New software and hardware options represent challenges to many organizations that need to integrate their legacy systems with the new technology, and as such; even if such integration can work, it requires a huge effort and cost for the organization to develop and maintain the integration process. A good example for such difficulties is the fact that many mainframe systems are running with flat-files not a relational database, and integrating such system with a web interface will require a huge effort, and in many cases will add burdens to the new system’s dependability (Rea, 2011). In such case the organization has to build a web hosting system and front-end application to leverage their legacy mainframe data to the web.

Part of the problem with legacy system is that, it’s too expensive to operate and maintained, and also to keep the IT staff to work with legacy systems for a long time is a huge task for any organization where in most cases cost will be involved. It’s often a good option for many organizations to replace a legacy system with a proven package or in-house built systems that can meet the business requirements, and improve the business processes.

Good (2002) explained that legacy conversion is about extending and retaining the value of the legacy investment through the migration to new platforms. The legacy conversion process will reduce operational costs, and also add new capabilities to the new systems through the implementation for other technologies such as implementing web services.

Conclusion

Many organizations are continuing to use their aging systems to transact, process, transport, and communicate data to their customers. Part of the reason of having such system is the fact that such systems are very complex to be replaced, and the cost factor of replacing such system usually prevent such organizations from replacing these systems.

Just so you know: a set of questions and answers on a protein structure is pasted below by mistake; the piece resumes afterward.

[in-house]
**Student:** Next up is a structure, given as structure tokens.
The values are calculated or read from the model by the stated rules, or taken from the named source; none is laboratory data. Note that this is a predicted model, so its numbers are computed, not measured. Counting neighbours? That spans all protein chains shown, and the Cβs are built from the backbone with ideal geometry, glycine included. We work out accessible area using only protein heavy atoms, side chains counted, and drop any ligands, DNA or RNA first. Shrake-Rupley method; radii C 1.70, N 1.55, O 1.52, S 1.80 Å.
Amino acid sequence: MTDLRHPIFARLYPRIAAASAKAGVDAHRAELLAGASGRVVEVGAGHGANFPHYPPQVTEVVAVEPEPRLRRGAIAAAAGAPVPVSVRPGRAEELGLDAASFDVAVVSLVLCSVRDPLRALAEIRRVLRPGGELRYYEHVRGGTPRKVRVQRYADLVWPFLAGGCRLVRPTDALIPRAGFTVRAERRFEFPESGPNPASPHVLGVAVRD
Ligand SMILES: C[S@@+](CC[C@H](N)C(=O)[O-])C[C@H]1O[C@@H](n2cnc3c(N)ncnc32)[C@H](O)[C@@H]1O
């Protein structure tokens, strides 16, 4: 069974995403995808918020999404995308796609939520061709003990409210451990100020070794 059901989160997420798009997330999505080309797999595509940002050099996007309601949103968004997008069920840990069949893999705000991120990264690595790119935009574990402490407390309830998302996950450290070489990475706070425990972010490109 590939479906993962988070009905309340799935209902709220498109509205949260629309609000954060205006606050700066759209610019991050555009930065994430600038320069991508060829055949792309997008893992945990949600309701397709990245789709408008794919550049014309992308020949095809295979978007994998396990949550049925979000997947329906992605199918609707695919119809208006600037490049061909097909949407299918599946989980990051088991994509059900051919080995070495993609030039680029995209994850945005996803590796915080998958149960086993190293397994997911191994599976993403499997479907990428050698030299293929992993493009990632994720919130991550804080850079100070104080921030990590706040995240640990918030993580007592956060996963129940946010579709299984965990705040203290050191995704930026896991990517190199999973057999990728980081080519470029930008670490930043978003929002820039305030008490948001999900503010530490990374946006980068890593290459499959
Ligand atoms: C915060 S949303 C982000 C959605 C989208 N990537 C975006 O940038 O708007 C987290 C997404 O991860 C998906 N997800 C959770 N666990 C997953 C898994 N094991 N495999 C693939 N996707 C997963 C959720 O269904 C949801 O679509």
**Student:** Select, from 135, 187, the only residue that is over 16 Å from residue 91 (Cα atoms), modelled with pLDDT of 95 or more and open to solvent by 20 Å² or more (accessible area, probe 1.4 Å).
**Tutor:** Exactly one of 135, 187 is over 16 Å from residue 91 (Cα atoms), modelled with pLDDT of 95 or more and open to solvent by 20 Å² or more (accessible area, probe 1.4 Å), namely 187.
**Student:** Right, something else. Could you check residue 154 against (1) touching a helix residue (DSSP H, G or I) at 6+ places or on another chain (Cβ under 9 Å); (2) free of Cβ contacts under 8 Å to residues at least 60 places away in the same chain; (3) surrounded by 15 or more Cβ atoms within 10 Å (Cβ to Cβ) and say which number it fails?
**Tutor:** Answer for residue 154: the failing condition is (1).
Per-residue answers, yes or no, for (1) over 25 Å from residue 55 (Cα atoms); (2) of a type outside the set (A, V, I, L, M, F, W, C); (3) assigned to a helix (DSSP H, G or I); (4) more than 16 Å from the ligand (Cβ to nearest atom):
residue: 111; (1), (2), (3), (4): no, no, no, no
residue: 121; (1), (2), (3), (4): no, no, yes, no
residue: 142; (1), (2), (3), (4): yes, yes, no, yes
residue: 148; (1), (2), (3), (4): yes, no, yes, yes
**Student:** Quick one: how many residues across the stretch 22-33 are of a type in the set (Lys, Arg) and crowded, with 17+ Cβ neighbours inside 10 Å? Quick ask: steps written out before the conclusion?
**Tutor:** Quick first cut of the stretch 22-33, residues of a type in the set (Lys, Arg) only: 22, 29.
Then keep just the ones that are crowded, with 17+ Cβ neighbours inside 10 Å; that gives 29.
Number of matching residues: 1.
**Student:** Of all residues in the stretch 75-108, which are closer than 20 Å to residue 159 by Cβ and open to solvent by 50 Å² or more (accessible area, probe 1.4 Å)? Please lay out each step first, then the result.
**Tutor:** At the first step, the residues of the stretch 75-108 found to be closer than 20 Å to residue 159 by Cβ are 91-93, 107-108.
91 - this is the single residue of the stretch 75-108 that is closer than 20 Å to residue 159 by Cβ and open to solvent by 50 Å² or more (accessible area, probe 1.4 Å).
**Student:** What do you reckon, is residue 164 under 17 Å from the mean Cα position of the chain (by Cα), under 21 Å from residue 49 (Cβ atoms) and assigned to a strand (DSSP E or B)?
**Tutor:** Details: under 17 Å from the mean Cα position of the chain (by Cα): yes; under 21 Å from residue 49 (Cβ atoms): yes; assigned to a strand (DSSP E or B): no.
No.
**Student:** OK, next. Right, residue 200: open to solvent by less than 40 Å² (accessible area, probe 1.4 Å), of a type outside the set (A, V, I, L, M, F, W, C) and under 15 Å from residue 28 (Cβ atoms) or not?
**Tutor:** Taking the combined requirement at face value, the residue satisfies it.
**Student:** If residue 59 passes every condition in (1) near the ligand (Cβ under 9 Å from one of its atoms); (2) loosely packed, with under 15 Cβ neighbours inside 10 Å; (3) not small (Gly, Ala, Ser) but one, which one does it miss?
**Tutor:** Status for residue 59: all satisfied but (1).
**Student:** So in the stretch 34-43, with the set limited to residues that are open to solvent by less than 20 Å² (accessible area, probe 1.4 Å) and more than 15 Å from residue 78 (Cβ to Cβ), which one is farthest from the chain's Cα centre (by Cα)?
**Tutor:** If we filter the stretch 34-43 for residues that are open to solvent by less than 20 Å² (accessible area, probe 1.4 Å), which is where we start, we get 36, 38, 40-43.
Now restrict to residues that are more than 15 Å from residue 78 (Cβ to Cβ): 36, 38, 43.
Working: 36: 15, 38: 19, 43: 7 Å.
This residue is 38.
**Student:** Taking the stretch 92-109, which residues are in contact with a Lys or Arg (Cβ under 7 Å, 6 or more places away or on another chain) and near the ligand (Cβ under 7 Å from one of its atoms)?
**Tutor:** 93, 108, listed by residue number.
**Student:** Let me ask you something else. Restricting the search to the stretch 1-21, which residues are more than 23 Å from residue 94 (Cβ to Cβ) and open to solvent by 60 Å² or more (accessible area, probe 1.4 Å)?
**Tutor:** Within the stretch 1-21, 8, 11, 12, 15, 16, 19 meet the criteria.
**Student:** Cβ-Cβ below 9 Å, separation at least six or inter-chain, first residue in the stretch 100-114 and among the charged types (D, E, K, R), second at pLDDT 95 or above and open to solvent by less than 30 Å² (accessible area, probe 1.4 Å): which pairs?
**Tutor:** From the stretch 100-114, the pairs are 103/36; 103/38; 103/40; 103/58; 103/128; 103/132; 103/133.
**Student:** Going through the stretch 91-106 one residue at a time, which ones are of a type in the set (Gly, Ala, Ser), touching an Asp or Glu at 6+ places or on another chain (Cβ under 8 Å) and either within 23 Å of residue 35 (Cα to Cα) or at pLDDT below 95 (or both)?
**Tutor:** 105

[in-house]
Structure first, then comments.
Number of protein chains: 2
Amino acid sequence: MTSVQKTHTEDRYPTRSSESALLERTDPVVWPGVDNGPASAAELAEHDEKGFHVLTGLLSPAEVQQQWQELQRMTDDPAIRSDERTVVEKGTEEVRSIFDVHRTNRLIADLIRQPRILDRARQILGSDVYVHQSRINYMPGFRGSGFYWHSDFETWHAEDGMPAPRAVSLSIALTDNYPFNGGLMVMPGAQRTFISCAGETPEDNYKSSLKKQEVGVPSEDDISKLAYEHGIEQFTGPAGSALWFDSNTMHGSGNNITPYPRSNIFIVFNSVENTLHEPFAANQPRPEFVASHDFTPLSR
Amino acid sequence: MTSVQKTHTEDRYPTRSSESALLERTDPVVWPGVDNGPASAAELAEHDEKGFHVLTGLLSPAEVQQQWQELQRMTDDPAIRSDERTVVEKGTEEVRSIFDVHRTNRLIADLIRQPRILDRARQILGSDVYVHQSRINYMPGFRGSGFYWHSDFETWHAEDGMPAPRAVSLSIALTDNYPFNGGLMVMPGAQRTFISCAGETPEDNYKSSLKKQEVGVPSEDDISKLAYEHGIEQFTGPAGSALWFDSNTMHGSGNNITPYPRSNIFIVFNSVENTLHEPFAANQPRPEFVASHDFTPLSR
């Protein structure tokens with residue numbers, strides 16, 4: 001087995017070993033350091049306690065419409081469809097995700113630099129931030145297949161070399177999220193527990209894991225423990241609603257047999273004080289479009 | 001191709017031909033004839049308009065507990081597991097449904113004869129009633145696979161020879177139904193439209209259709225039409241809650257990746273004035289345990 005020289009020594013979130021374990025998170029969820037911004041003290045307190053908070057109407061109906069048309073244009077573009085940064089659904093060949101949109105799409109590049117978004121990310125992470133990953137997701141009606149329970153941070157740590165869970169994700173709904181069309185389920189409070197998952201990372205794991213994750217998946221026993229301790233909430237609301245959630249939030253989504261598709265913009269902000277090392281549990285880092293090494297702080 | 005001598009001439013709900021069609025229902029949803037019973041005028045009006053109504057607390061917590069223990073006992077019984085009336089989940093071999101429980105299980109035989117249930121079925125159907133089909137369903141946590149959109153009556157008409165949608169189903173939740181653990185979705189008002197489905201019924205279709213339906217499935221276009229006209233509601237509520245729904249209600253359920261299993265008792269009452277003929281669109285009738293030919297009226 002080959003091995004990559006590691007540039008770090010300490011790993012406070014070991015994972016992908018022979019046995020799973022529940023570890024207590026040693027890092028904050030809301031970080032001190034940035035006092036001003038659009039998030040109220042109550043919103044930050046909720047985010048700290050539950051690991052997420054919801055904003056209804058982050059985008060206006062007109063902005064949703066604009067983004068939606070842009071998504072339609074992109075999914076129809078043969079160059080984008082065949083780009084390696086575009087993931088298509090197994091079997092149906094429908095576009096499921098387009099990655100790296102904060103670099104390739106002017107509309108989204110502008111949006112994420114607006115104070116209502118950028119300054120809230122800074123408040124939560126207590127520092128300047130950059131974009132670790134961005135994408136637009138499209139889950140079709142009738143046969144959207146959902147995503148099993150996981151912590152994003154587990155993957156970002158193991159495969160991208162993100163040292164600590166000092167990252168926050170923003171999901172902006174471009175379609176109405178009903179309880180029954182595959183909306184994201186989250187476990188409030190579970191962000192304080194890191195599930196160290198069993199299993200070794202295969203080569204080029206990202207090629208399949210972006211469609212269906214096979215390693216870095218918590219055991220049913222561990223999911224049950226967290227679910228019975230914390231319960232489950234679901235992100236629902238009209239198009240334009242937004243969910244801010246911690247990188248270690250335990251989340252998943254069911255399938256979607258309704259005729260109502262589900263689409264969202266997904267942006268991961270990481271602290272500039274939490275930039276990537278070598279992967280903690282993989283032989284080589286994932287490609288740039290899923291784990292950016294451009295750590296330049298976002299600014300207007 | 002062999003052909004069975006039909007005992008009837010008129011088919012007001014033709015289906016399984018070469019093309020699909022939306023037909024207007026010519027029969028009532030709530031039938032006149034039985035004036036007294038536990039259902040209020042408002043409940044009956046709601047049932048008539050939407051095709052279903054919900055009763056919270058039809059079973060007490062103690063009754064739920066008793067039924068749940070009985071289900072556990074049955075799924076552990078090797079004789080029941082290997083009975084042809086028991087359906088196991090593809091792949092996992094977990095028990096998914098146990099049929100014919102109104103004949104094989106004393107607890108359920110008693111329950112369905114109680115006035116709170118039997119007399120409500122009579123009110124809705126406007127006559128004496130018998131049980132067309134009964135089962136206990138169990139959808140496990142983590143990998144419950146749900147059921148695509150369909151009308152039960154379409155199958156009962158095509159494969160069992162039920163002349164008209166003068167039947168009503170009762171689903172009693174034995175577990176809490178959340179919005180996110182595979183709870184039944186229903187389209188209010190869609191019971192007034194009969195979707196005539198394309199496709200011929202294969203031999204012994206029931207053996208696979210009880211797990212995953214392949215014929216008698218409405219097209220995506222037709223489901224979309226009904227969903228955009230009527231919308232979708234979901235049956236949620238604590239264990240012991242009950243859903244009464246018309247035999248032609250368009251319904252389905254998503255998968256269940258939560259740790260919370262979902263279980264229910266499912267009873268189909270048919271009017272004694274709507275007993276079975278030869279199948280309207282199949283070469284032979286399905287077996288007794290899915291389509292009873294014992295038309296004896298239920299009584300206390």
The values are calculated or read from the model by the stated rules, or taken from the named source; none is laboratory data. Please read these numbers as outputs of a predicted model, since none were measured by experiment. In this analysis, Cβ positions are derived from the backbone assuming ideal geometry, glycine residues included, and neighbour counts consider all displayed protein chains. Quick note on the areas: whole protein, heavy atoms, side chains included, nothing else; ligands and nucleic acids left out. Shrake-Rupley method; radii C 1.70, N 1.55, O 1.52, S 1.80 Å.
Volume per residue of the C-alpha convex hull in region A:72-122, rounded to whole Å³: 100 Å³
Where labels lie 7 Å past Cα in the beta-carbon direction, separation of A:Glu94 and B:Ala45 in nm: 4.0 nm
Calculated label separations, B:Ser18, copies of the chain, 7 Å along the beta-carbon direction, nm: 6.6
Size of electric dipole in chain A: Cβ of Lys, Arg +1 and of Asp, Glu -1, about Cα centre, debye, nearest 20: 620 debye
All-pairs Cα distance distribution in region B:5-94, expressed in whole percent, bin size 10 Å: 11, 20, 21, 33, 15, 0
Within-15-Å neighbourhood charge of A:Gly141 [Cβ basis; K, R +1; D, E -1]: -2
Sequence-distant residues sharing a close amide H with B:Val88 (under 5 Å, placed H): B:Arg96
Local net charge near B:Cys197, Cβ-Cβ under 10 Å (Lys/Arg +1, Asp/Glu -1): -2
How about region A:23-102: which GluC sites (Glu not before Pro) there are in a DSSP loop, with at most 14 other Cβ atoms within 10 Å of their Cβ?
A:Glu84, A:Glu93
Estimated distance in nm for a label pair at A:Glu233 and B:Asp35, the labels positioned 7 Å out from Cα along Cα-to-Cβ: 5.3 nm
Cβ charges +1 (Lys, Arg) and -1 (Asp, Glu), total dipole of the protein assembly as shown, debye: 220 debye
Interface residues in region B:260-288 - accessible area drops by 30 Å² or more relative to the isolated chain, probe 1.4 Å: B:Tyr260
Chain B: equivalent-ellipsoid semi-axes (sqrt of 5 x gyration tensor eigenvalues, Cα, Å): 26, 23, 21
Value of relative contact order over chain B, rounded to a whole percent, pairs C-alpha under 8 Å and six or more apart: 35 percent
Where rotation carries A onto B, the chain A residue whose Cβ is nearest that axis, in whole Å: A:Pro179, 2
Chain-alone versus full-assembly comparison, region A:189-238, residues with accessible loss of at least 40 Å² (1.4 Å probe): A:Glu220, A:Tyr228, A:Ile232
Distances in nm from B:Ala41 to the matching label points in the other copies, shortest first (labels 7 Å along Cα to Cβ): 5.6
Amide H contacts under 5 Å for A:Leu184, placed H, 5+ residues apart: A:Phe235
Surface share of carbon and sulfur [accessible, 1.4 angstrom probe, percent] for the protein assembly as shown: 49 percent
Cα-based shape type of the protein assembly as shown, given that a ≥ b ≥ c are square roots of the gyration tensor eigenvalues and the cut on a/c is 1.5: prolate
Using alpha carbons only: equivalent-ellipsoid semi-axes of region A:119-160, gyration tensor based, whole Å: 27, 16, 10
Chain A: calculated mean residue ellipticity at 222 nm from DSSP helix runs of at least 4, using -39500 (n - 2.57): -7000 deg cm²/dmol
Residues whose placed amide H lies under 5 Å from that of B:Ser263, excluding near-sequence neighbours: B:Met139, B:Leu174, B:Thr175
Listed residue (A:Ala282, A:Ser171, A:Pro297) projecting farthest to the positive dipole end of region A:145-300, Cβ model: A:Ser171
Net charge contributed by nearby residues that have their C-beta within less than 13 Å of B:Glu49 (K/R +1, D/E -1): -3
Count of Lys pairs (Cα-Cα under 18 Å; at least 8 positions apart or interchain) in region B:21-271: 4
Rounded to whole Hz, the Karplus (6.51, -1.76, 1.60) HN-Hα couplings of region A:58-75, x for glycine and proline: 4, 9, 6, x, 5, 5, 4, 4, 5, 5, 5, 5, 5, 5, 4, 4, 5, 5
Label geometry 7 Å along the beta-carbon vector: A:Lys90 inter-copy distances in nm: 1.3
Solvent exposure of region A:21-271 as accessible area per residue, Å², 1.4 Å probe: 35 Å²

Burke (2011) explained that the support of legacy systems becomes very difficult as the technology changes create another hurdle for such systems to continue to work, and as such; organization are always looking to replace such system with more current technology and systems.

Finally, one of the problems that might represent challenges during the conversion of the legacy system to modern applications such as client/server platform (i.e. thin client or fat client) is the fact that these systems might be built with flat-files or record management services instead of a rational-database.

References

Burke, A. (2011) Definition of Legacy System [Online]. Available from: http://www.ehow.com/about_5175378_definition-legacy-system.html (Accessed: 16 June 2011).

Dossick, S. & Kaiser, G. (1996) WWW Access to Legacy Client/Server Applications [Online]. Available from: http://iw3c2.cs.ust.hk/WWW5/www5conf.inria.fr/fich_html/papers/P4/Overview.html (Accessed: 16 June 2011).

Good, D. (2002) Legacy Transformation [Online]. Available from: http://www.semdesigns.com/Company/Publications/Legacy%20Transformation.pdf (Accessed: 16 June 2011).

Rea, W. (2011) Problems with Legacy Systems [Online]. Available from: http://www.ehow.com/about_5545039_problems-legacy-systems.html (Accessed: 16 June 2011).

What-When-How (n.d.) Migrating Legacy Systems to the Web [Online]. Available from:  http://what-when-how.com/information-science-and-technology/migrating-legacy-systems-to-the-web/ (Accessed: 16 June 2011).